World / Reporter's Journal

A new book clears up the lingering confusion over Confucius

By Chris Davis (China Daily USA) Updated: 2015-03-25 11:32

It's been 2,500 years since the great sage of China, Confucius, wandered from town to town trying to help heal troubled and violent times by laying the groundwork for a philosophy that would transform East Asia.

"Confucius may be the greatest teacher in human history," writes China-based author Michael Schuman in his new book Confucius: And the World He Created (Basic Books, 2015). Today, his teachings shape the daily lives of 1.6 billion people. Even as Western ideologies such as Christianity and Communism poured over the region, Confucian doctrine has remained the underpinning and scaffolding of East Asian culture.

Over the centuries, however, the teacher's body of work has been conscripted, embroidered and edited for various purposes. "His teachings have been so twisted and distorted by centuries of self-interested emperors, scholars, and officials that in some cases they have deviated drastically from the sage's own positions and gotten him attacked for things he never advocated and would never support," Schuman writes.

In the 19th century, Confucianism and its tenets of hard work, thrift, knowing one's place and staying there, unwavering respect for authority, and concern for the community always trumping an individual's concerns, were often blamed for China's resistance to change and reform. Risk-taking, experimentation and the individualism that spur innovation and capitalism was not encouraged.

A new book clears up the lingering confusion over Confucius

Confucius has also taken heat for promoting the inequality of women.

Confucianism was further used to justify often harsh authoritarian rule. But, as Schuman writes, "Holding Confucius responsible for all of the wrongs committed in his name is akin, then, to blaming Muhammad for the 9/11 terror attacks, or Jesus for the Spanish Inquisition."

Like Jesus and the West's other great philosopher, Socrates, Confucius' ("probably") never actually wrote down his philosophy, but rather left the scribbling to his gaggle of disciples, a delegation of responsibility that in itself can lead to misinterpretation and inaccuracy. The first major biography on him wasn't attempted until 350 years after his death, which came in 479 BC at the age of 73.

Most of what Confucius himself studied were writings that in 500 BC were already considered ancient. He looked back on the past as a Golden Age that could only be recovered if rulers followed his advice, which never really happened in his lifetime, and wouldn't for centuries after his death.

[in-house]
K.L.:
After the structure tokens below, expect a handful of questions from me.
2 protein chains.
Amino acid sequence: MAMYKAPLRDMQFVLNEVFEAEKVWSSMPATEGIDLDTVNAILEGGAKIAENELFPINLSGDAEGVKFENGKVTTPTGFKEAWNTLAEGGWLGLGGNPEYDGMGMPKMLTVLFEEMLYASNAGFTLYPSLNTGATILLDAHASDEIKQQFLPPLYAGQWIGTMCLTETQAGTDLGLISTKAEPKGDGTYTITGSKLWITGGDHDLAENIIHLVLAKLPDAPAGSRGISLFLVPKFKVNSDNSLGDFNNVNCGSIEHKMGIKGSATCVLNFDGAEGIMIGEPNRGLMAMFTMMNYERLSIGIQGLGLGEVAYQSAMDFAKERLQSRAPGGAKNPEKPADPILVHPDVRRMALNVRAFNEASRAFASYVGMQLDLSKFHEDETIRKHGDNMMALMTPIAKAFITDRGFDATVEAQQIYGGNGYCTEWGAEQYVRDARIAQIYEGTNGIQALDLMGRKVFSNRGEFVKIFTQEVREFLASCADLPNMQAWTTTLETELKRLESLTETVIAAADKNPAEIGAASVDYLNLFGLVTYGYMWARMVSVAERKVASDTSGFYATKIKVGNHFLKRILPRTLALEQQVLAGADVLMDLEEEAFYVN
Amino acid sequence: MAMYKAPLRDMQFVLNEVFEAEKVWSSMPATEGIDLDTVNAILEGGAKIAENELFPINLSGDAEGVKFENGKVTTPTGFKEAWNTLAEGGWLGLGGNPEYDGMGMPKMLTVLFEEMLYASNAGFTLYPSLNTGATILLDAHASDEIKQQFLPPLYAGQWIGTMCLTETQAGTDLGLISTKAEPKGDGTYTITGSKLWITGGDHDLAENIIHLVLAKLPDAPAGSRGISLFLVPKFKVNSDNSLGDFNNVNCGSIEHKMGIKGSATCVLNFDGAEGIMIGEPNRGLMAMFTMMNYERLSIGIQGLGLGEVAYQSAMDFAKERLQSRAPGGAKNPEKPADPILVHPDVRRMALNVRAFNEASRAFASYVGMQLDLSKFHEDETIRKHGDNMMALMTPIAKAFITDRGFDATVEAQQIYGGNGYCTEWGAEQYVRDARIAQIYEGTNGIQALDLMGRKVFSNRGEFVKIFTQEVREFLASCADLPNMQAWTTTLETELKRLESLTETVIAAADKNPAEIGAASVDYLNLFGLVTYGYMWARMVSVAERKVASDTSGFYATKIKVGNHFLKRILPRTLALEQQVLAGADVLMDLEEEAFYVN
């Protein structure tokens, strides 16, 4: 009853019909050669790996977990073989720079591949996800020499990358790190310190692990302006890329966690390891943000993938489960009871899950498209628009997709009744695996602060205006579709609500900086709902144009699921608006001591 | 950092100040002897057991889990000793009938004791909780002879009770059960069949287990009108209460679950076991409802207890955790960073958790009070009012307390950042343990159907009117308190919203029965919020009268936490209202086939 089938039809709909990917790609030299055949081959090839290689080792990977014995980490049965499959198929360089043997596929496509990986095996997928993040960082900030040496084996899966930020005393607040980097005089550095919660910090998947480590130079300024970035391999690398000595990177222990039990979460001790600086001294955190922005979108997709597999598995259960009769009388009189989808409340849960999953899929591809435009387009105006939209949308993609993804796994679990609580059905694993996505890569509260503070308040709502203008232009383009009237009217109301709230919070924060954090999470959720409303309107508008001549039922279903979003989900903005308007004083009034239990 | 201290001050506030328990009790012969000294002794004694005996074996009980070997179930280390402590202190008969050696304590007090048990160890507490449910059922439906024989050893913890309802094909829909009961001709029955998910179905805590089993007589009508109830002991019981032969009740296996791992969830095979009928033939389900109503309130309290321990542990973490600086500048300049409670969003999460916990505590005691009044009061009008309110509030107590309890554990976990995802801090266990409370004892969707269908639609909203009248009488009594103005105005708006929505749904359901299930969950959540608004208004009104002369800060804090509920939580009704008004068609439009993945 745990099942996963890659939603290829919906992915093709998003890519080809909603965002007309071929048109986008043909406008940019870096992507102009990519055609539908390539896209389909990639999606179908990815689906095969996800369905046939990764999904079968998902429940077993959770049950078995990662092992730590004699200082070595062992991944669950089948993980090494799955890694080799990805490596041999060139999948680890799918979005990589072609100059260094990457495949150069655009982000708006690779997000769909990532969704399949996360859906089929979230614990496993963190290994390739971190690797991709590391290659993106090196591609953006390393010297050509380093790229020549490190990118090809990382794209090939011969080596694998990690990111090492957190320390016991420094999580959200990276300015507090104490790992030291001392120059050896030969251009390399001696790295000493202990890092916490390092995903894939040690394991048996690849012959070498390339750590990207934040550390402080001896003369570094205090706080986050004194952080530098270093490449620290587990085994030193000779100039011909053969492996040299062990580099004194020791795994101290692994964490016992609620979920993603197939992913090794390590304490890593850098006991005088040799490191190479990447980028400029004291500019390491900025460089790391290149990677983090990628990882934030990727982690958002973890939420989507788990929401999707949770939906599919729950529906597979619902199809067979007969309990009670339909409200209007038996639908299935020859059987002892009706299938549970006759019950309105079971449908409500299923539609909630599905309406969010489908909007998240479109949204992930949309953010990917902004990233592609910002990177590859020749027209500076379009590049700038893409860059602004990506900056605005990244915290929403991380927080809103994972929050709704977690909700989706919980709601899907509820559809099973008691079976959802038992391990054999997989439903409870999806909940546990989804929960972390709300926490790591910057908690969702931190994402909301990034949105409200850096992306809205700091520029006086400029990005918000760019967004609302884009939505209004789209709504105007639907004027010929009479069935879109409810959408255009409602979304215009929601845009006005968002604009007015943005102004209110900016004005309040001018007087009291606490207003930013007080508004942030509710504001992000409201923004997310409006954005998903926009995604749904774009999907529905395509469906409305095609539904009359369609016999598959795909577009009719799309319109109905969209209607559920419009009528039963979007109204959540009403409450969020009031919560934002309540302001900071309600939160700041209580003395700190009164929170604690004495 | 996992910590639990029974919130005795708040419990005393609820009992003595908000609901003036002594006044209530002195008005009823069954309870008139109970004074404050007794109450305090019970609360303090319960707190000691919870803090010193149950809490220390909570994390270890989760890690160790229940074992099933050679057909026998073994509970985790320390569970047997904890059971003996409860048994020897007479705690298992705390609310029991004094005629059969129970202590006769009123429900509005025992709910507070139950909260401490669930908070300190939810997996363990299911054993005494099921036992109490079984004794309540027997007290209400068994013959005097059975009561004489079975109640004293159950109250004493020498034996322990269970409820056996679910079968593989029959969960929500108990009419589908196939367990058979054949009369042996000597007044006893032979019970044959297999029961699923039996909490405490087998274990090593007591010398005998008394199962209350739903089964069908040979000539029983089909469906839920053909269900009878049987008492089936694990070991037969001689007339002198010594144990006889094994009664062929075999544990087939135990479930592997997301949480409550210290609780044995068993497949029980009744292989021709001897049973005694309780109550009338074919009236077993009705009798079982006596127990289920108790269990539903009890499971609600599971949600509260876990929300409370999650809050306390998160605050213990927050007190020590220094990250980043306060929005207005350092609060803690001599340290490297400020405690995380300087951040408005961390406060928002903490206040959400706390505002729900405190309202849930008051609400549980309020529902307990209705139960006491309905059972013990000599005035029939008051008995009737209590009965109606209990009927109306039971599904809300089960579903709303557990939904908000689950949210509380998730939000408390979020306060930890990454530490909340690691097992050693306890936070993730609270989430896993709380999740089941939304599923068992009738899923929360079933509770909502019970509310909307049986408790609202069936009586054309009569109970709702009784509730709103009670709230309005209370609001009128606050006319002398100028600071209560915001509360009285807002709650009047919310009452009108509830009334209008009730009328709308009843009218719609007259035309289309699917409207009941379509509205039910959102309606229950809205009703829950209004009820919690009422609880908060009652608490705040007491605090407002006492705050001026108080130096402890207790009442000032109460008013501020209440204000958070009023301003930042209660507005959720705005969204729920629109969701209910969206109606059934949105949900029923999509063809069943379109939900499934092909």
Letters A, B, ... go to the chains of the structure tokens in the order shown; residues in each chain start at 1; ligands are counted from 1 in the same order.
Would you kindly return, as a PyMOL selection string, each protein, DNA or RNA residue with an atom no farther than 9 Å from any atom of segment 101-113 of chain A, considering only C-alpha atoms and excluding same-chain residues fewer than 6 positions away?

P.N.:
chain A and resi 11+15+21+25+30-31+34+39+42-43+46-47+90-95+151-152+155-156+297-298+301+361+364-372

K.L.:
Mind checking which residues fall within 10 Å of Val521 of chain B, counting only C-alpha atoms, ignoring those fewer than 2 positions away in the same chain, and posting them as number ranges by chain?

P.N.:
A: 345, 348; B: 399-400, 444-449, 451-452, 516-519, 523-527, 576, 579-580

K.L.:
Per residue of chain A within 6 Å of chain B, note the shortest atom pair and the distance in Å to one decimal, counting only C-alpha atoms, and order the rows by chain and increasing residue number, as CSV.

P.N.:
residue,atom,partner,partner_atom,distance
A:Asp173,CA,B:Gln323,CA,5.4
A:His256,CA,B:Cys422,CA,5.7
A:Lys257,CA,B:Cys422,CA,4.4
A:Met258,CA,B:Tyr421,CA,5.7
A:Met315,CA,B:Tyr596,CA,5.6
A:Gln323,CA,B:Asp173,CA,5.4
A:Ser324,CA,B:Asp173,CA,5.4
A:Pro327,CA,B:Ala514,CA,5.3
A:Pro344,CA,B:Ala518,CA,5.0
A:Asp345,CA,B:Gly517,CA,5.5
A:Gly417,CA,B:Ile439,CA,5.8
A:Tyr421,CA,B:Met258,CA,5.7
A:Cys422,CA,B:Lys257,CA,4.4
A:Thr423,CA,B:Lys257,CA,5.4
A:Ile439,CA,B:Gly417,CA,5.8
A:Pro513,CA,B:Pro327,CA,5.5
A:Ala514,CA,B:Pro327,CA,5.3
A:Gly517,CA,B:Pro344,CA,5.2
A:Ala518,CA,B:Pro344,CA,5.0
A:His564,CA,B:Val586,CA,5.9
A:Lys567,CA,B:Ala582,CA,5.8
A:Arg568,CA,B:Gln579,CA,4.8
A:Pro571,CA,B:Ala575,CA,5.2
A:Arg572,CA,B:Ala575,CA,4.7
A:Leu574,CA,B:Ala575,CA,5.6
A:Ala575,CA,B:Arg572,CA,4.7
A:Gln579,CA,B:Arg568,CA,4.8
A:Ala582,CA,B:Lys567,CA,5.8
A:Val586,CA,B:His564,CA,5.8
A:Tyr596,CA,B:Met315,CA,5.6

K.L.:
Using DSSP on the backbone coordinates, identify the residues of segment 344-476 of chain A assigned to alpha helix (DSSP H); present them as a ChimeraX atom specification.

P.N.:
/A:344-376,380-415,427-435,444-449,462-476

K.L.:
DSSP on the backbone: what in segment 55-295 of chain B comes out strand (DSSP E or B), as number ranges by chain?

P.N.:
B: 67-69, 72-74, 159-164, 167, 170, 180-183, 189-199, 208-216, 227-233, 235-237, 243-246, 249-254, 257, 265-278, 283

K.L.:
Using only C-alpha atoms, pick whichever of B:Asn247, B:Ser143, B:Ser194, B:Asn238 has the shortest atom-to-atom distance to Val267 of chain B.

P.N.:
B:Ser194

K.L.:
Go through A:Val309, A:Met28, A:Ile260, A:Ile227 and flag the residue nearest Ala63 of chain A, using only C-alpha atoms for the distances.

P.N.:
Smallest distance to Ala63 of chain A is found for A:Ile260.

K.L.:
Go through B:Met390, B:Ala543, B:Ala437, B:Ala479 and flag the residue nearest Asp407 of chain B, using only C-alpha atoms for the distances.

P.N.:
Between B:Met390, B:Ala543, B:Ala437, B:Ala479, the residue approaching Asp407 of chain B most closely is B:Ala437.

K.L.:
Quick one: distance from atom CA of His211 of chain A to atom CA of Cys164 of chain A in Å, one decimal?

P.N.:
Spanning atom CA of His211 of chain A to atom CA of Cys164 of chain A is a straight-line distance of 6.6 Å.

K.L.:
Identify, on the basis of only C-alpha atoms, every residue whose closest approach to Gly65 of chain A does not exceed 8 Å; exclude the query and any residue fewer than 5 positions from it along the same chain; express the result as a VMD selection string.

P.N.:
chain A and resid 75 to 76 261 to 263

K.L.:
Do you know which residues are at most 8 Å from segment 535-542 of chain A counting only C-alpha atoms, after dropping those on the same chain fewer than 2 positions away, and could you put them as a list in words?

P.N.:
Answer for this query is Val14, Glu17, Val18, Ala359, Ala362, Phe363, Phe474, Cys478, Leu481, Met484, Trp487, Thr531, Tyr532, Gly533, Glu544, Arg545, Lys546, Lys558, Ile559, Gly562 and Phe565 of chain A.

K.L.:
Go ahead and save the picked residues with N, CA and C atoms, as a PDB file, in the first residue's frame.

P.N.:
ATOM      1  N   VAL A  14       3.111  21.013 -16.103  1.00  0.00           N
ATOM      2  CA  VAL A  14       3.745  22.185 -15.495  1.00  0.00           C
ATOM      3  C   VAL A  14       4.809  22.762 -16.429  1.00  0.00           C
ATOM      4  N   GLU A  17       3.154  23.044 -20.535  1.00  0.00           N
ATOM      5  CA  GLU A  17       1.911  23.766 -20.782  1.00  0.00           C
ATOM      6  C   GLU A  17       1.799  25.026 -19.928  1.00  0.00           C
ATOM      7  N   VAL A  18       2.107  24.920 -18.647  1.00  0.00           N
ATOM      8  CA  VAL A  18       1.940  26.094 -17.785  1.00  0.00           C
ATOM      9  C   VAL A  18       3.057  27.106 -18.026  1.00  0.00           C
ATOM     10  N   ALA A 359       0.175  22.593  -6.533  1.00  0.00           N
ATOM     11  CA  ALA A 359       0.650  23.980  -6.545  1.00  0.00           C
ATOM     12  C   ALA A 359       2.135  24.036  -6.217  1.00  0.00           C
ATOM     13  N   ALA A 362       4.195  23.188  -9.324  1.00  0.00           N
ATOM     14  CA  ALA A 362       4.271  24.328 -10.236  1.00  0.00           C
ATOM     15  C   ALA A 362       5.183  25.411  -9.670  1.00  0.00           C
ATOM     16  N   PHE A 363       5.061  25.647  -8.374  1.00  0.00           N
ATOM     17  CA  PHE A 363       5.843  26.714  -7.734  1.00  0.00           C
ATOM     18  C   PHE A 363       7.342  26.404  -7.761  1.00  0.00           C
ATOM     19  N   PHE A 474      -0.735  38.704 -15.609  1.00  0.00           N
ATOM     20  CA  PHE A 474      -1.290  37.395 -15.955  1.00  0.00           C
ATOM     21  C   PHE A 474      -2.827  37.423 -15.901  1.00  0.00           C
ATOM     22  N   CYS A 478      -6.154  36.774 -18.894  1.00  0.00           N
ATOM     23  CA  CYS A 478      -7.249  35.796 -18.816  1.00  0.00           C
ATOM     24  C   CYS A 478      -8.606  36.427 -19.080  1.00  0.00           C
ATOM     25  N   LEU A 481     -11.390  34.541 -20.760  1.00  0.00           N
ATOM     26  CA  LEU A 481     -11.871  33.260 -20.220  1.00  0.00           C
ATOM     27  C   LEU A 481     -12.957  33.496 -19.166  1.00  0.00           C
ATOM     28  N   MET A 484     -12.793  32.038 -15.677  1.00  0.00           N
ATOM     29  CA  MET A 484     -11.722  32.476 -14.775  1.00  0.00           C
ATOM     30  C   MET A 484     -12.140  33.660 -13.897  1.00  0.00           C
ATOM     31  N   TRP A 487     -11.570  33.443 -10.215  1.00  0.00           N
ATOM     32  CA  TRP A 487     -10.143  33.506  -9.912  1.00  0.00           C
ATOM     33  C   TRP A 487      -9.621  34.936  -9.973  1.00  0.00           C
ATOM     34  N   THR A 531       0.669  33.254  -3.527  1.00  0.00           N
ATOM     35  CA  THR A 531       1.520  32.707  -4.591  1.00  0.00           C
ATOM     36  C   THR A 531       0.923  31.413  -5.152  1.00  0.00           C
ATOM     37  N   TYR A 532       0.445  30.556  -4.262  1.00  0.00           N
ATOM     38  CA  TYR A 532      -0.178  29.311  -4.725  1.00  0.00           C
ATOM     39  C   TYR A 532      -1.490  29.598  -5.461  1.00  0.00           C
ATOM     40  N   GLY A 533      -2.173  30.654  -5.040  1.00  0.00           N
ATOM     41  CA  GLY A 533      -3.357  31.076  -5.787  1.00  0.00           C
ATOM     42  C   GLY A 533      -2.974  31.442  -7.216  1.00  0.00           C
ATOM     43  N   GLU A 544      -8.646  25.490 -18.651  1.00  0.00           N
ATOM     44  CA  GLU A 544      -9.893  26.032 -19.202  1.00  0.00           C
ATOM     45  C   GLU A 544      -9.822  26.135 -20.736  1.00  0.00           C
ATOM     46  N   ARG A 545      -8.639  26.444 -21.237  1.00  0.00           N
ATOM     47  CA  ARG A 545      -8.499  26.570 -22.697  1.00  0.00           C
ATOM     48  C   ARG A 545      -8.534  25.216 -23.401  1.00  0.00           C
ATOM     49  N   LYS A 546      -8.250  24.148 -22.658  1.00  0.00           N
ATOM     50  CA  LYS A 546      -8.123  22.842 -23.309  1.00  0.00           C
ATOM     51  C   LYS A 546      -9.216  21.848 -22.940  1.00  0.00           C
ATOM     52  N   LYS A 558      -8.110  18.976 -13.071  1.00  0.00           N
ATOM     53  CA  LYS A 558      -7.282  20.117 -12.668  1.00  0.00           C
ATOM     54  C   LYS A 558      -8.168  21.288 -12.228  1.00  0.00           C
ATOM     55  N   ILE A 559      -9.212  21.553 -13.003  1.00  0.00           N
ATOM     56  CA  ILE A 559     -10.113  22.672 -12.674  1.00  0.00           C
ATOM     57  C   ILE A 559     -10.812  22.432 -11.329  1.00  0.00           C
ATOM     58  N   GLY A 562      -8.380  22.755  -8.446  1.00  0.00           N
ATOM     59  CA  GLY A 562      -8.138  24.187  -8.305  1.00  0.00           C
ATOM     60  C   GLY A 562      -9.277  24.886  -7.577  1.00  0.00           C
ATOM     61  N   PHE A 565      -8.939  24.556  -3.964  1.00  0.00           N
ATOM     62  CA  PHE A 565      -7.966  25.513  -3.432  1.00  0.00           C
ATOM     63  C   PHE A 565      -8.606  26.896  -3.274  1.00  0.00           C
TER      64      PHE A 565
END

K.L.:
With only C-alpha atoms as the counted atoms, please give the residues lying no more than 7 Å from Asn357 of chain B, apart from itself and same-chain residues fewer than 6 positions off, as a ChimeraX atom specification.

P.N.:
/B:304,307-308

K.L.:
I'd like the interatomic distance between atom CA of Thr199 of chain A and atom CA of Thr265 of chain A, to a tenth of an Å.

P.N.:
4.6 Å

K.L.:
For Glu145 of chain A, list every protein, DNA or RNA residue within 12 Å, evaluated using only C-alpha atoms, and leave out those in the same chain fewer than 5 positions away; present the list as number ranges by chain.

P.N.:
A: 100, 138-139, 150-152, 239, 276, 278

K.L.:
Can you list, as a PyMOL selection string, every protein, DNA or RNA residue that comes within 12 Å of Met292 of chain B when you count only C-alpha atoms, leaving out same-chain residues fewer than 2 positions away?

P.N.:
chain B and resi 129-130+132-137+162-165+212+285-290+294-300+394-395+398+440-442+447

It was with the Han Dynasty in 206 BC that Confucianism really began to take root in China. The Confucians did a great job of marketing their philosophy to the Han court by showing them that the reason their predecessor, the Qin, failed was because they neglected to heed one of the core principles of Confucian thought: moral power trumps physical power.

Personal details from the main Confucian text - the Analects - help bring the sage to life and make for some of the best reading in Schuman's book. As a smart dresser, Confucius "avoided using dark purple and maroon colored silk for lapels and cuffs".

As an eater, he was as persnickety as a cat: "He did not eat food that was not properly prepared nor did he eat unless the proper sauce was available," and perhaps a bit obsessive-compulsive: "He did not sit, unless his mat was straight."

Manners were of paramount importance to Confucius and he had a short fuse for anyone who flouted them. Confucius once came upon a young man who was sitting improperly, with his legs spread wide apart. Confucius said: "To be neither modest nor deferential while young - that is what I call a pest," and then smacked the kid on the shin with his cane.

In an interview with the Wall Street Journal, Schuman was asked what answers could be found in Confucianism for persistent problems in the West, such as wealth disparity and a failing educational system.

"Many Confucian ideals are timeless and universal," Schuman said. "Confucius believed that government had the responsibility to care for the well-being of all of its citizens (and later) advocated for egalitarian economic policies that redistributed wealth. On education, Confucius believed that learning was an essential practice for self-improvement."

Schuman, who has been a correspondent for Time magazine and the Wall Street Journal and whose Korean wife is a self-proclaimed Confucian, said he went into the 10-year-long book project with "a very negative, but I think very common, perception of Confucius - that he was an arch-conservative who supported dictators and wanted women to be barefoot and pregnant."

But in his research he came to see the sage as someone who advocated benevolence from the top down in return for duty and devotion.

"By the end of my study, I became convinced that East Asia - and the world overall - is better off with Confucius in it," he said.

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